Shortly after Nick Pencis purchased Stanley’s Famous Pit Barbecue in Tyler, he took a Central Texas barbecue tour to see how the best were doing it. He was humbled at Louie Mueller, saying, “I just remember sitting there and being like, ‘We need to up our f—ing game.’ ” Michael Fulmer, cofounder of the Houston BBQ Festival, compared his introduction to Louie Mueller with the first time he saw Picasso’s Guernica. His mother took him to the Museum of Modern Art in New York to see the painting when he was nine years old. “I remember seeing people standing next to it crying, and I never knew art could do that,” he said, “so my experience [at Louie Mueller] was that I never knew barbecue could be that.”

Erin Smith Feges, who owns Feges BBQ in Houston with her husband Patrick, said barbecue advice from current owner Wayne Mueller was valuable. They use Oyler rotisserie smokers that don’t require as much attention as offset smokers because Mueller warned them against spending all their time tending fires. She said, “His advice is so funny, because it’s usually ‘Don’t do it the way we’re doing it.’ ” Just before they opened a second location of Feges BBQ, they brought the whole staff to Taylor for an excursion. “It helped mold that crew into a barbecue crew instead of a regular restaurant crew,” Erin said.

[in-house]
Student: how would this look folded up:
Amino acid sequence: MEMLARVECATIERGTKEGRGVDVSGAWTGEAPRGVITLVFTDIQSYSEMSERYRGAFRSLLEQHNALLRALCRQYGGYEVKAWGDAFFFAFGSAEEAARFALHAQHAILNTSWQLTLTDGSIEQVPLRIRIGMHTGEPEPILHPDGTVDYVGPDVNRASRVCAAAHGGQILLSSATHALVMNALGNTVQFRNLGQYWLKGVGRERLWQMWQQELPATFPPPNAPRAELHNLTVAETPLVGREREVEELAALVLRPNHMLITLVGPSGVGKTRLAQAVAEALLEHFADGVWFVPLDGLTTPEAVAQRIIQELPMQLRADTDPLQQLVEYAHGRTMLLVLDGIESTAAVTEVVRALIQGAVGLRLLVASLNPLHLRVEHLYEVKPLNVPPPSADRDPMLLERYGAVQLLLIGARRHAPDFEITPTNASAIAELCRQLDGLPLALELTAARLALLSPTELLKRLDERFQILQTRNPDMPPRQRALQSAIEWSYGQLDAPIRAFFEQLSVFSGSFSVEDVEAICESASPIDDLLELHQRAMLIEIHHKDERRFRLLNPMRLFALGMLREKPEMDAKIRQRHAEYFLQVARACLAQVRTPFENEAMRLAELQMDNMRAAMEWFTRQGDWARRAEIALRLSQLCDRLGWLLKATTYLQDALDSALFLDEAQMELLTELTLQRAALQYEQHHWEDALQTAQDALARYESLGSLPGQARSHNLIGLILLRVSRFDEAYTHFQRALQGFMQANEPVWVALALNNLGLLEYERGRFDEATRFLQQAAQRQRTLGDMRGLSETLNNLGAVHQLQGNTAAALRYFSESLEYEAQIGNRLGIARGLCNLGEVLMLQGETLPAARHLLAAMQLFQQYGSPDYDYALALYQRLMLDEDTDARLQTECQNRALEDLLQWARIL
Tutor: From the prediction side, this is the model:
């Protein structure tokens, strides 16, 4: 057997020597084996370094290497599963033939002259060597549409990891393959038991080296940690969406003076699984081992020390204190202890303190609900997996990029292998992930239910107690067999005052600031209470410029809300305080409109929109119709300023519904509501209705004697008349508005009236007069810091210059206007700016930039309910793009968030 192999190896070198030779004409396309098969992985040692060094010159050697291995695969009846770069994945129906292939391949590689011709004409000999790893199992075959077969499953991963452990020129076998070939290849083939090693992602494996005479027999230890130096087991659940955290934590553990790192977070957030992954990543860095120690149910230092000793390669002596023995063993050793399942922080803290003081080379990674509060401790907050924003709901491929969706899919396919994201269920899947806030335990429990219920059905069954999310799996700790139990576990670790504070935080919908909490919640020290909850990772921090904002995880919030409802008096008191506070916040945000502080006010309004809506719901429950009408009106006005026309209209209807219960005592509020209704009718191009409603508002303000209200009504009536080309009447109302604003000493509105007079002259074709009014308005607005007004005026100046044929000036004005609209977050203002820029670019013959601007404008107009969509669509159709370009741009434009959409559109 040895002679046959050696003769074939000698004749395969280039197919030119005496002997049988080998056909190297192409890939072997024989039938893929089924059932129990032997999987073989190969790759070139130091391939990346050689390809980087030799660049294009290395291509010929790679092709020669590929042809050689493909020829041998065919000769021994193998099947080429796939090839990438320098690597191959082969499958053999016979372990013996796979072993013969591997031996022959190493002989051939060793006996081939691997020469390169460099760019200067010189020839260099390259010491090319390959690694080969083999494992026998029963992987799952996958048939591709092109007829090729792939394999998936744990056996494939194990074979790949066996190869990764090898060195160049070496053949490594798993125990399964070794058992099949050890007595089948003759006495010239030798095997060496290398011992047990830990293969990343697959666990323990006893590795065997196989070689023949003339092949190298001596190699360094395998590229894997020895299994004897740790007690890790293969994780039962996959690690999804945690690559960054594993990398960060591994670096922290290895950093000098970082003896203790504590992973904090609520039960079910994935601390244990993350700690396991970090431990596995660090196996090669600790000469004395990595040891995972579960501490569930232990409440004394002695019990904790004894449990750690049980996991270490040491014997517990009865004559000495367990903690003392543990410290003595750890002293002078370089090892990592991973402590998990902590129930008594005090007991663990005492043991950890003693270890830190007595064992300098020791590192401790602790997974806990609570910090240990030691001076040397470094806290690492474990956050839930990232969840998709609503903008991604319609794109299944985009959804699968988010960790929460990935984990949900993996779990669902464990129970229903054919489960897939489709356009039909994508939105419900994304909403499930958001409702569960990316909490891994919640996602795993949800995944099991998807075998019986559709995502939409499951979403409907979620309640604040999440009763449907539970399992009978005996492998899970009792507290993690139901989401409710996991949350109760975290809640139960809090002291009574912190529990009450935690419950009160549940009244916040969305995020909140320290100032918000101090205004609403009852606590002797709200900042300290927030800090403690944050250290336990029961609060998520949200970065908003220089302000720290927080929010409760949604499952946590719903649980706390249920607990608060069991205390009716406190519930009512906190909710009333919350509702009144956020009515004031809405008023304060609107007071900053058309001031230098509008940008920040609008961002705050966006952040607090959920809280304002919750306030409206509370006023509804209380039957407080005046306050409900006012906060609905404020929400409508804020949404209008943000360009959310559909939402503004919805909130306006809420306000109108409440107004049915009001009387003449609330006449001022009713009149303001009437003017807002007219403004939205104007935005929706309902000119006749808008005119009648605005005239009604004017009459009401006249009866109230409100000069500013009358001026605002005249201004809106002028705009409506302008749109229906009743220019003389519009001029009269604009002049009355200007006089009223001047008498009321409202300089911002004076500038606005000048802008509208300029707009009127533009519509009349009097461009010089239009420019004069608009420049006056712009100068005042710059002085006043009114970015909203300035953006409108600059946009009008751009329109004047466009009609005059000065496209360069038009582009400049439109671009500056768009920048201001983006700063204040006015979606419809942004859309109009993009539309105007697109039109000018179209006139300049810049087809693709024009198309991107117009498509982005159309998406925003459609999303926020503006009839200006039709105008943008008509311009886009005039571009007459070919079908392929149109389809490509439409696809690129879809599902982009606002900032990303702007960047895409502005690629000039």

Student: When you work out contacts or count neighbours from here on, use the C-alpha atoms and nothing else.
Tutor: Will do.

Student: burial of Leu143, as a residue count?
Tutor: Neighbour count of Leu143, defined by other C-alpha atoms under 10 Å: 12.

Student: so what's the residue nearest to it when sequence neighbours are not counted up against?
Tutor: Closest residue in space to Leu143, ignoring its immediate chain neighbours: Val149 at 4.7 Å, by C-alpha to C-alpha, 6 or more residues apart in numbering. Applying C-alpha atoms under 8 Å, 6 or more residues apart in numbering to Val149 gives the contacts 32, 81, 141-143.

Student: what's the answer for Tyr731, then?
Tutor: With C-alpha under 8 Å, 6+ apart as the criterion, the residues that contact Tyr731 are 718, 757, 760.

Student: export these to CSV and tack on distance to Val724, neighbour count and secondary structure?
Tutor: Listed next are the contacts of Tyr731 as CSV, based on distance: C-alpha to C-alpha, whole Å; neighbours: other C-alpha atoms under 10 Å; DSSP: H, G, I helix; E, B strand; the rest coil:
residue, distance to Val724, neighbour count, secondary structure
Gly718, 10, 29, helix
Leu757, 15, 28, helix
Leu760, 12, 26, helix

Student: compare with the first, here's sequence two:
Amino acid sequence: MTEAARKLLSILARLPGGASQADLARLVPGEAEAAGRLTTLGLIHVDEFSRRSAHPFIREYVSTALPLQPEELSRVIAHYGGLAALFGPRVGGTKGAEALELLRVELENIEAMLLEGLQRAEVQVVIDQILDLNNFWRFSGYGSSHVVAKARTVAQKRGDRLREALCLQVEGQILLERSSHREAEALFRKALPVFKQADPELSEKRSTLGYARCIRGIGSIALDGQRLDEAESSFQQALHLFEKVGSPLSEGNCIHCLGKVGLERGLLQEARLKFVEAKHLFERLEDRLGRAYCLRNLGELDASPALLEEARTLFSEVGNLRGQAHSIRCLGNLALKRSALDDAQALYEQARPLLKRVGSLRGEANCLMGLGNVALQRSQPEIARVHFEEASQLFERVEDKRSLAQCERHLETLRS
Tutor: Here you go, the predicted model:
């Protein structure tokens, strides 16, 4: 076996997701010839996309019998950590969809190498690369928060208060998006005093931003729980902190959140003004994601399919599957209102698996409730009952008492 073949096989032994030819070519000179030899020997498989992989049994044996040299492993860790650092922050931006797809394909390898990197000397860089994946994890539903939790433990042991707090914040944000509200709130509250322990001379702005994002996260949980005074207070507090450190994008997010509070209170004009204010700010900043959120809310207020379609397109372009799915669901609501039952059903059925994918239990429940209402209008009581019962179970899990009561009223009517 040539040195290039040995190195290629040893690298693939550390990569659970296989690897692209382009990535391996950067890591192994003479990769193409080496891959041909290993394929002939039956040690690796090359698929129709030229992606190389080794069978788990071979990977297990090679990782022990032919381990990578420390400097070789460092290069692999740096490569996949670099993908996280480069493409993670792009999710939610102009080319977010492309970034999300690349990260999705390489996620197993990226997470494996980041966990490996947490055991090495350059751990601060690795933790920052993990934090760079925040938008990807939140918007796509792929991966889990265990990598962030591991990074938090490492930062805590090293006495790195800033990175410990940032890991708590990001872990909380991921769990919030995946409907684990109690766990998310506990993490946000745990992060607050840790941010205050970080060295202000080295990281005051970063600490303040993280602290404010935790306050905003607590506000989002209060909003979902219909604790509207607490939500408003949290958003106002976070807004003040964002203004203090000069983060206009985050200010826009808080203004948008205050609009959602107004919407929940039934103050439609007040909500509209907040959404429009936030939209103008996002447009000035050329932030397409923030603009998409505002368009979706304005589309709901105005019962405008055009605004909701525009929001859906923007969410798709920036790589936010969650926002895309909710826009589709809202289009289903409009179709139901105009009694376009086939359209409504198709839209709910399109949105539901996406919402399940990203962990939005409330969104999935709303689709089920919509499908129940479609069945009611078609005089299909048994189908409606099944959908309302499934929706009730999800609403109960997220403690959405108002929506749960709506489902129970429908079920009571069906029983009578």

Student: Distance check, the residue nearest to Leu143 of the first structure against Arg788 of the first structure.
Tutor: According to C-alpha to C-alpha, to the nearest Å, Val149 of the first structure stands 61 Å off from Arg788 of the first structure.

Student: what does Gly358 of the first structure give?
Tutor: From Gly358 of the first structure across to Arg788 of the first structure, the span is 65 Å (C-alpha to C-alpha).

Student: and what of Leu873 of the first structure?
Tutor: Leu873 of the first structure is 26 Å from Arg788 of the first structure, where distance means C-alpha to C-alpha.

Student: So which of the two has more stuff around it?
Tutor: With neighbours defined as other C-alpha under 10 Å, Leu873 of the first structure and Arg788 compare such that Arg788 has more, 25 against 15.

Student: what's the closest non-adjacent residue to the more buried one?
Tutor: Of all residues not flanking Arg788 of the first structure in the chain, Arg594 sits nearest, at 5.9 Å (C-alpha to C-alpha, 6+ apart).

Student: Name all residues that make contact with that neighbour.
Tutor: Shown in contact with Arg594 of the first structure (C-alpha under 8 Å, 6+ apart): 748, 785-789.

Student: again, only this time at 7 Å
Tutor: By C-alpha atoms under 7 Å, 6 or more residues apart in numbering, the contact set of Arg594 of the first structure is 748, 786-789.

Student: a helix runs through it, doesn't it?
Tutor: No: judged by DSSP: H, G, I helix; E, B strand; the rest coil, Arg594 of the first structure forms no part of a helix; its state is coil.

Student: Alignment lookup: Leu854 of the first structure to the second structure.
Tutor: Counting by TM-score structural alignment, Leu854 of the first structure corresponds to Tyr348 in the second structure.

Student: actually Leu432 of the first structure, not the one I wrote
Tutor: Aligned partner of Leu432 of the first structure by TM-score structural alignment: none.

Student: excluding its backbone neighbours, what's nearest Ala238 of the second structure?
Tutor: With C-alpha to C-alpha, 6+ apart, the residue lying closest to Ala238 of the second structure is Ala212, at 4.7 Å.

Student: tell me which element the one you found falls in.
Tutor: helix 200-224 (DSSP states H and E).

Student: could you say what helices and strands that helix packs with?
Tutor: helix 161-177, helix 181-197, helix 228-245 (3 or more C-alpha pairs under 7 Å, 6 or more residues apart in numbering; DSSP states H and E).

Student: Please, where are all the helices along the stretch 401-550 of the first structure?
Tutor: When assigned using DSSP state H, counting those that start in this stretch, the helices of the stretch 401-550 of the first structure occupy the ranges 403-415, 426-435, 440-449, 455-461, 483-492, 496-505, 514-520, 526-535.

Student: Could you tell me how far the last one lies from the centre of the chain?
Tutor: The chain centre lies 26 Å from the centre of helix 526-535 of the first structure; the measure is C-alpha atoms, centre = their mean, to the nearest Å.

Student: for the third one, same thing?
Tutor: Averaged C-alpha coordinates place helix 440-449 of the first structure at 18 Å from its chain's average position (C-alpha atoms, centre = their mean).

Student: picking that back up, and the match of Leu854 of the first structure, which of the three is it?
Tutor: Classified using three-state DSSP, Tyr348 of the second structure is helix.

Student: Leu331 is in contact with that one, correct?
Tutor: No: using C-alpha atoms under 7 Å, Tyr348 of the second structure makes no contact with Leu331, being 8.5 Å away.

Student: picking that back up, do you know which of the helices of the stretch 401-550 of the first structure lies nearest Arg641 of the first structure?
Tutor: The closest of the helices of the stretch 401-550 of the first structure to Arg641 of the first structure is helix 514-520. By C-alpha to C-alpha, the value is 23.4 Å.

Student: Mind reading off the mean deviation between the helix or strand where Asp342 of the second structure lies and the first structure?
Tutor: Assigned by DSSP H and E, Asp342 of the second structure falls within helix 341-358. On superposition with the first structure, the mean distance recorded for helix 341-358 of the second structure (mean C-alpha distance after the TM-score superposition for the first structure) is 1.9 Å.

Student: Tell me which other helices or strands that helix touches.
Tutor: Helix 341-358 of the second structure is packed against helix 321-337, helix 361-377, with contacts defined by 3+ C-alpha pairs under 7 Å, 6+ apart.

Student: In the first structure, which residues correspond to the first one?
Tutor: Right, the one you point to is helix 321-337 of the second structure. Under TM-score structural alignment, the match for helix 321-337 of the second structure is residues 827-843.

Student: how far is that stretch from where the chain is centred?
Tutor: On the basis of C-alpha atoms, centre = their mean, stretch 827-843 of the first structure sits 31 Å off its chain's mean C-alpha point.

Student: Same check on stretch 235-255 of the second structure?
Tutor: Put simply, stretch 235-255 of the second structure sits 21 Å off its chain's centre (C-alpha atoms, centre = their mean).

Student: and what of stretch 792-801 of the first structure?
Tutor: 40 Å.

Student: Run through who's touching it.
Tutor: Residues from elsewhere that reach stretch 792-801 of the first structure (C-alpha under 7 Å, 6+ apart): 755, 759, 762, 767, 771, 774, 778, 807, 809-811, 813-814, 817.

Austin gallery owner Stephen Clark’s history with Louie Mueller predates all these stories. There wasn’t great barbecue in Austin when he moved there in 1975. He opened Waterloo Ice House in 1976, and made his first pilgrimage to Taylor that same year. He said, “That first bite was, ‘Wow!’ ” That bite, like the one Franklin enjoyed, was a complimentary taste of brisket given to every customer at the counter. “What a genteel thing to do,” Clark said of the gesture. Clark befriended famed Austin-based photographer and University of Texas professor Russell Lee. They would celebrate Lee’s birthday, July 21, at Louie Mueller Barbecue every year. Even after Lee’s passing, Clark honors his memory with a note on the front door of the Stephen L. Clark Gallery (which he opened in Austin in 1994) that reads, “We’re at Louie Mueller’s celebrating Russ’s birthday. Anyone who wants to join us can, but we’re not open.”

These days, you won’t get the complimentary bite of brisket. Wayne Mueller ended the practice during the pandemic. “That exchange just couldn’t happen,” he said. Mueller also noted the elevated cost of brisket. On a busy day, they were giving away eight to ten pounds of brisket as an amuse-bouche. Mueller said he’s sad it had to end. “It’s one of those traditions that couldn’t hang on,” he said. I asked him if he had heard the many stories of people having their barbecue epiphanies at the restaurant his grandfather founded. He said he’s not cynical, but as the owner, he takes such compliments with a grain of salt. But he did share a story about how the beef rib became a literal life-saver for a local boxer.